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Last Updated: Tuesday, 7 November 2006, 10:38 GMT
Lifetime of being a carer, aged 5
Janine Gunstone and son Michael
Michael has never known a time when he was not a carer
Young carers struggle without the help they urgently need, often due to fear that they may be separated from their families, a report suggests. Michael is one such carer.

He is just like any other five-year-old - but unlike most of his peers Michael Gunstone has had to learn to look after himself as well as his mother.

Michael is one of around 2,000 young carers supported by Barnardo's - but the charity says many more are going unnoticed and unsupported.

Michael, from Pontyberem near Llanelli, south Wales, has never known a time when he was not a carer.

His mother, Janine, was diagnosed with a degenerative disease when Michael was barely four months old.

She went from being fit and active to being disabled.

'Doing more and more'

Janine manages alone with some help from her father but Michael has had to learn to care for her and to fend for himself in the house.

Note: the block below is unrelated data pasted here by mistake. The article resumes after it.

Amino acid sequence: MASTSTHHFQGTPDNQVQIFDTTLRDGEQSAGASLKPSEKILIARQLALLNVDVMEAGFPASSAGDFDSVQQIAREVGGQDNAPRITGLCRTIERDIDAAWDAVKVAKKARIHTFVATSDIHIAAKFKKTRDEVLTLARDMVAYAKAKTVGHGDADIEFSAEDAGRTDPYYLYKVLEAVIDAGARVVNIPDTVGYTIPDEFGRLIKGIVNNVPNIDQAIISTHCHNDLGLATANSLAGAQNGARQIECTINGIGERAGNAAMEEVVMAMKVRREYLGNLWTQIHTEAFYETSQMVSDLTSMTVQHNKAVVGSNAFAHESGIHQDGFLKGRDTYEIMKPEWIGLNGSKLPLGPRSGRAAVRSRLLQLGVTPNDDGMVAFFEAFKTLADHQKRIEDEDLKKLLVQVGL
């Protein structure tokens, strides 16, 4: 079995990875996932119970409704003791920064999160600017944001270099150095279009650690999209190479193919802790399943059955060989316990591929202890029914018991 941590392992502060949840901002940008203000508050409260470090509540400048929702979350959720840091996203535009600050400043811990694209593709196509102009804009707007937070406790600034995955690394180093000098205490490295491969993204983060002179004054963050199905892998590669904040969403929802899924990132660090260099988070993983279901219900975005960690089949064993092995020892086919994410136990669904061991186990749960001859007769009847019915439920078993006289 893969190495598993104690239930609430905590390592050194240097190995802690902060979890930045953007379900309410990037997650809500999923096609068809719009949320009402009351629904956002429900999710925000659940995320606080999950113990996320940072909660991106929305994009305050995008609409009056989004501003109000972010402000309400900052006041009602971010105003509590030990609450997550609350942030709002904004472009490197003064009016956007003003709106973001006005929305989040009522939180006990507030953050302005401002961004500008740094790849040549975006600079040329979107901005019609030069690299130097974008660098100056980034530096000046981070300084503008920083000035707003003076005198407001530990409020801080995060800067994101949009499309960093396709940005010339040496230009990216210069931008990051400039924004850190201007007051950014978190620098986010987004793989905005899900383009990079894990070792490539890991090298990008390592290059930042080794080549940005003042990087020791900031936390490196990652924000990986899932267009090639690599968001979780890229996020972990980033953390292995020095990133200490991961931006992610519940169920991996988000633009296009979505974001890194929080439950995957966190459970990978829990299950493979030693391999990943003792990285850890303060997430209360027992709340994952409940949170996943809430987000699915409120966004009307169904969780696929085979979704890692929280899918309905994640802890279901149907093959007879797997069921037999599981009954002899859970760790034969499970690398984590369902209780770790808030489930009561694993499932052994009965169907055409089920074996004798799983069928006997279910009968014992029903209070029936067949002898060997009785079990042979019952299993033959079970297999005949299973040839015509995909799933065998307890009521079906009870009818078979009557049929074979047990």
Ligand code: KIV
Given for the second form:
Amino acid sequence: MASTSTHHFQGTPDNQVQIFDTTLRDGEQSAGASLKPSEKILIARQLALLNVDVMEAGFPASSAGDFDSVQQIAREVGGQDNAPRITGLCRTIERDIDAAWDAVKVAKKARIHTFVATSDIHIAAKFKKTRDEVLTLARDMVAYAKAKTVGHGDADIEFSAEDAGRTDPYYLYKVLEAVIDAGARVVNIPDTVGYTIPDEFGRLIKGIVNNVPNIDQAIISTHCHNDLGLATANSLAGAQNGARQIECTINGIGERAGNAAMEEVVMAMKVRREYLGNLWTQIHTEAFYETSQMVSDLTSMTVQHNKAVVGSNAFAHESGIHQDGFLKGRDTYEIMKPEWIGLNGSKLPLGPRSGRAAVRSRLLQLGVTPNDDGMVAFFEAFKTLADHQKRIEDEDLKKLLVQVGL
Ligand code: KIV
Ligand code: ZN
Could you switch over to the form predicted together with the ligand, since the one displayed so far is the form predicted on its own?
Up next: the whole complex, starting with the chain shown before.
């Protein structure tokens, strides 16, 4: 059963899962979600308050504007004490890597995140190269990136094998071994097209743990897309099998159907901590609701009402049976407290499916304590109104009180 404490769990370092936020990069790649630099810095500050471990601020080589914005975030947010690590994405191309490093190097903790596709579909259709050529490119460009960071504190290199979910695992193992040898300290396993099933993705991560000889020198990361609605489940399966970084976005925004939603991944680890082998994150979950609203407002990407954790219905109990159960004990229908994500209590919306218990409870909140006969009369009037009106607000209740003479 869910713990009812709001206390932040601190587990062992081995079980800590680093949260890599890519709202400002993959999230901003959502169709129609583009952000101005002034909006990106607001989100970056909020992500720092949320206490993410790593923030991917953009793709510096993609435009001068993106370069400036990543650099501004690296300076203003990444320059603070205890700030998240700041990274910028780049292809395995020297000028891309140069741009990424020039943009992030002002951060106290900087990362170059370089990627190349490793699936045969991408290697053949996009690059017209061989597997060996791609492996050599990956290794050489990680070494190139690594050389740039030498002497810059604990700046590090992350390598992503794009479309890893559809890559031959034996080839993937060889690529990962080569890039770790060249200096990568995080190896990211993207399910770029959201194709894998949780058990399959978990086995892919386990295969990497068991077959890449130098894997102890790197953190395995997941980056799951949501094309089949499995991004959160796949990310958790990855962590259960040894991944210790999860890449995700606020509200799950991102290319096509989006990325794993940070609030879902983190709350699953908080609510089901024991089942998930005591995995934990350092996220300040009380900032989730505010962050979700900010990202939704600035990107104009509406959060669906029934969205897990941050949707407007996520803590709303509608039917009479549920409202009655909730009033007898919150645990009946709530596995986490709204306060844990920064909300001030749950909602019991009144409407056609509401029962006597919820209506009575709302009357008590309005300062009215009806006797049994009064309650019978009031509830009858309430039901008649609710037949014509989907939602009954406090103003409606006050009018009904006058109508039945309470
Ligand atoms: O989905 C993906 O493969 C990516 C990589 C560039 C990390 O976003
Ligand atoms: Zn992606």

She said: "I remember one time when Michael was about 10 months old and he was crawling along on the floor.

"I was on crutches at the time and I collapsed in a heap on the floor and my crutches went from under me. Michael laughed. He thought it was a game.

"So I laughed too and said 'mummy's sticks'. He crawled and pulled the crutches over to me.

"As time has gone on, I have seen him do more and more for me."

He needs time to be a child and not worry about me
Janine Gunstone

Michael now helps his mother to the toilet and shower. He can fold and unfold her wheelchair and dismantle it to fit in the boot of a taxi.

"At night he will come into my room sometimes to check to see if I need to go to the toilet, and he will ask me if I have taken my tablets," said Janine.

"As well as looking after me, he has learned to look after himself. If he falls he knows I cannot get to him, so he picks himself up and comes to me.

"It has made him think before he does anything - that has become second nature to him.

"He has learnt to butter bread and make himself a sandwich when he is hungry."

Time to be a child

The two have fun together when at home - cuddling up on the sofa reading a book or playing a game. But Janine is aware that Michael is always looking out for her.

She finally phoned social services for help after an incident in which she collapsed and knocked her head and then lay unconscious for a while with Michael looking after her.

When she came to her son had pulled a blanket over to her and was smiling, saying: "Mum, I think you need to phone a friend."

Since then Michael has been referred to a Barnardo's young carers' project.

"He needs time to be a child and not worry about me," said Janine.

"When he is with young carers, he has time to himself when he can be just a child."

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